“Aesthetics of Hate” starts out with a melo guitar riff that will make a return later in the song; the drums are slowly added; and the entire track becomes a lot heavier. We get another Rob Flynn growl, nothing we haven’t heard before, and more swearing. Despite the swearing, the song is actually quite good, and would have been better had it ended where the band intended it to end: around the 4:45 mark. Then the melo guitar returns, and the band pads the song with Flynn repeating the same last lyric ten times and distorted guitar. I’m now convinced that they purposefully made each song greater than five minutes as a sort of dare from some other band. Like, the band came up to Machine Head while they were at a bar and said,
“Hey, I bet you guys can’t make an album where each of the songs is over five minutes!”
Rob Flynn: “We’ll take that bet!”
That has to be the only explanation. They didn’t even try to add another solo or another verse. It’s blatant padding, and unnecessary. Well, I guess they really wanted to win that bet.
“Now I lay Thee Down” is probably the only song that feels like it wasn’t padded to extend the length. We get a little break from Flynn’s aggressive vocals, where he sings cleanly for a majority of the track. Still, it has a quiet intro segueing into heavy riffs, but that’s to be expected. There’s no garbage slow part whose only purpose is to extend the song’s length, but if you miss that, “Slanderous” has one. “Slanderous” actually ends at 4:18, but they drag it on for another minute, and I’m sick of the padding.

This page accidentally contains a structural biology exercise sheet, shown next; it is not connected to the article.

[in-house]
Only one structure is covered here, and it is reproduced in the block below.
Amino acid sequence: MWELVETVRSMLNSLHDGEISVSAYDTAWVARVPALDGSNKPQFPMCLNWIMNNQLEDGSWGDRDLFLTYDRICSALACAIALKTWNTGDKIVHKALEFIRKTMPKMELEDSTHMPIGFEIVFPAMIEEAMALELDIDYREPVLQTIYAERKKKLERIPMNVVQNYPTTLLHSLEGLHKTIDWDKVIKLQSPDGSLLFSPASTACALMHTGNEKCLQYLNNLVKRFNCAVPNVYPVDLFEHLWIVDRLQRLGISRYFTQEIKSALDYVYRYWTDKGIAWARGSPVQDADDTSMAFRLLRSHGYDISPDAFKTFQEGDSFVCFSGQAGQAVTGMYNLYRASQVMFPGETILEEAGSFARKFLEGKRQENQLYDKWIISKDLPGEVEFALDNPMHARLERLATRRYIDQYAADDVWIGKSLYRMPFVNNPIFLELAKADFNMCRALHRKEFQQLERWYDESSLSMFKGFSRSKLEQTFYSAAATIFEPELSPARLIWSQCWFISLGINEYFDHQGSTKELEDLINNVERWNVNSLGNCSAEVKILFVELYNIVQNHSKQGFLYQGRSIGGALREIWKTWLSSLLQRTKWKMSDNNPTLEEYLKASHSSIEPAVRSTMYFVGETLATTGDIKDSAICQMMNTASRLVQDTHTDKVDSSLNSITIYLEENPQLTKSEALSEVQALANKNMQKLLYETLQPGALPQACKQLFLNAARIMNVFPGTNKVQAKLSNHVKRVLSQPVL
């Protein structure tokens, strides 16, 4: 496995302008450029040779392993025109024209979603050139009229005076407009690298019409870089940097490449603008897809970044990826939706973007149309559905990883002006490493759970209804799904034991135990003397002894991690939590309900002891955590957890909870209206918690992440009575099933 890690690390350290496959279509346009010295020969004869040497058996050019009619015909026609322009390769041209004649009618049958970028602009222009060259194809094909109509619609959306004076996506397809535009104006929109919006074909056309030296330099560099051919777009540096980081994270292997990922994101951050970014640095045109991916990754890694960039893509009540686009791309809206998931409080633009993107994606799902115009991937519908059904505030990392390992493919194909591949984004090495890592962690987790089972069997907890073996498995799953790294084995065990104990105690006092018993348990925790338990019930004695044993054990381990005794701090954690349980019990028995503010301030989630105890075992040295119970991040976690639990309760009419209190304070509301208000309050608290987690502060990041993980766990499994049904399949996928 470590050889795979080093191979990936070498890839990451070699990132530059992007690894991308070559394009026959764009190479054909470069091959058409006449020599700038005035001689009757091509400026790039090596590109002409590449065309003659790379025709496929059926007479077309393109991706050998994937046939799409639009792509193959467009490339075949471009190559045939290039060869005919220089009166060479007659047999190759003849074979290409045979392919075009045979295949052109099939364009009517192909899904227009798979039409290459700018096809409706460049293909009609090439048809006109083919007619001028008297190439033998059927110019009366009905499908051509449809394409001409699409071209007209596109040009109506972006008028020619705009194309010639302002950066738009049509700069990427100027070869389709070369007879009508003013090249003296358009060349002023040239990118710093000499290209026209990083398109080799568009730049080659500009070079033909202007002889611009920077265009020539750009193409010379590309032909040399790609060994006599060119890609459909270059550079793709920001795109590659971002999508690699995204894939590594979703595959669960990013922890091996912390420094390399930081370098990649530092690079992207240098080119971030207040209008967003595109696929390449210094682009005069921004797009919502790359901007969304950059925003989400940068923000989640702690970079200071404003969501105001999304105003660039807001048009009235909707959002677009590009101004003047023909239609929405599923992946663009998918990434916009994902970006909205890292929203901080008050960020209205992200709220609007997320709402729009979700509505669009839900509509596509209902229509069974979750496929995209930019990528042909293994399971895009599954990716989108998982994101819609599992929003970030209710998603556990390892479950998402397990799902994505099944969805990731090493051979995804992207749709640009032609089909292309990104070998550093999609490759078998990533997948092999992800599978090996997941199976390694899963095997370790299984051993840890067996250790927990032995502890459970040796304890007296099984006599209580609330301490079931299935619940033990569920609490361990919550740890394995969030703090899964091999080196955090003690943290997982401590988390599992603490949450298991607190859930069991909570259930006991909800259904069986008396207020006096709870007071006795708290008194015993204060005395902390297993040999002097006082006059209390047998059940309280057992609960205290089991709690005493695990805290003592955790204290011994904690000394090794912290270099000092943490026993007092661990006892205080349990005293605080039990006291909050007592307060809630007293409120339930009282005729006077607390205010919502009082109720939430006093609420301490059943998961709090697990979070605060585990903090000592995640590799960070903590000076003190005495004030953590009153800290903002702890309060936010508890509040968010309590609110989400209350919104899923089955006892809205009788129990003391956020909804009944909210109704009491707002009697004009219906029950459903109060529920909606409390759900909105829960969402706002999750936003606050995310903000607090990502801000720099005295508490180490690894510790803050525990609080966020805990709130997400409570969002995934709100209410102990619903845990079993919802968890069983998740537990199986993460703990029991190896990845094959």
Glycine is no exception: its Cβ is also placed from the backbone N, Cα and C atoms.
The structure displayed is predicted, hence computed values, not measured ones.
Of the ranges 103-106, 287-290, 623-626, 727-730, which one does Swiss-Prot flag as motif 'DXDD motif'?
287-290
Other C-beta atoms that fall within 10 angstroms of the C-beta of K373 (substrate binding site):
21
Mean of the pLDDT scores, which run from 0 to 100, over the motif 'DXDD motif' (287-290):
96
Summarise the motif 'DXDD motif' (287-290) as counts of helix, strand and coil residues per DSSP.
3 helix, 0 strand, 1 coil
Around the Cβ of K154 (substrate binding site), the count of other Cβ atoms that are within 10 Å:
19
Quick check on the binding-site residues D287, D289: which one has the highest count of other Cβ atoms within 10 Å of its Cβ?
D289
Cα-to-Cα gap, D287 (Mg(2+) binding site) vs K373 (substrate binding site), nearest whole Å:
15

“Halo”, “Wolves”, and “A Farewell to Arms” are together longer than some Thrash full-length albums, and if you choose to skip them, you aren’t missing anything. If you listened to “Clenching”, there’s no reason to listen to these. They took the same formula and added different words, and listening to these anal abominations felt like I was doing homework. When listening to a song feels like a project for Science class, it’s time to listen to a different song.
Despite its shortcomings (or longcomings), “The Blackening” is an okay album. It’s definitely listenable, if somewhat tedious and boring at parts. If you can stand 10 minute songs left and right, give it a listen. I’ll probably never listen to it again, at least not in its entirety. This album definitely didn’t make me want to kill myself or do LSD to make the album more enjoyable, and I wouldn’t wish that these guys would die in an airplane crash. I know long songs have been a part of metal, but this isn’t a progressive album like Dream Theater or Opeth. There’s no acoustic / keyboard interludes in “The Blackening”, and there’s a difference between being a progressive album and padding songs with slow parts so the guys in Hatebreed have to buy them a case of Coors Light.
*I didn’t buy it.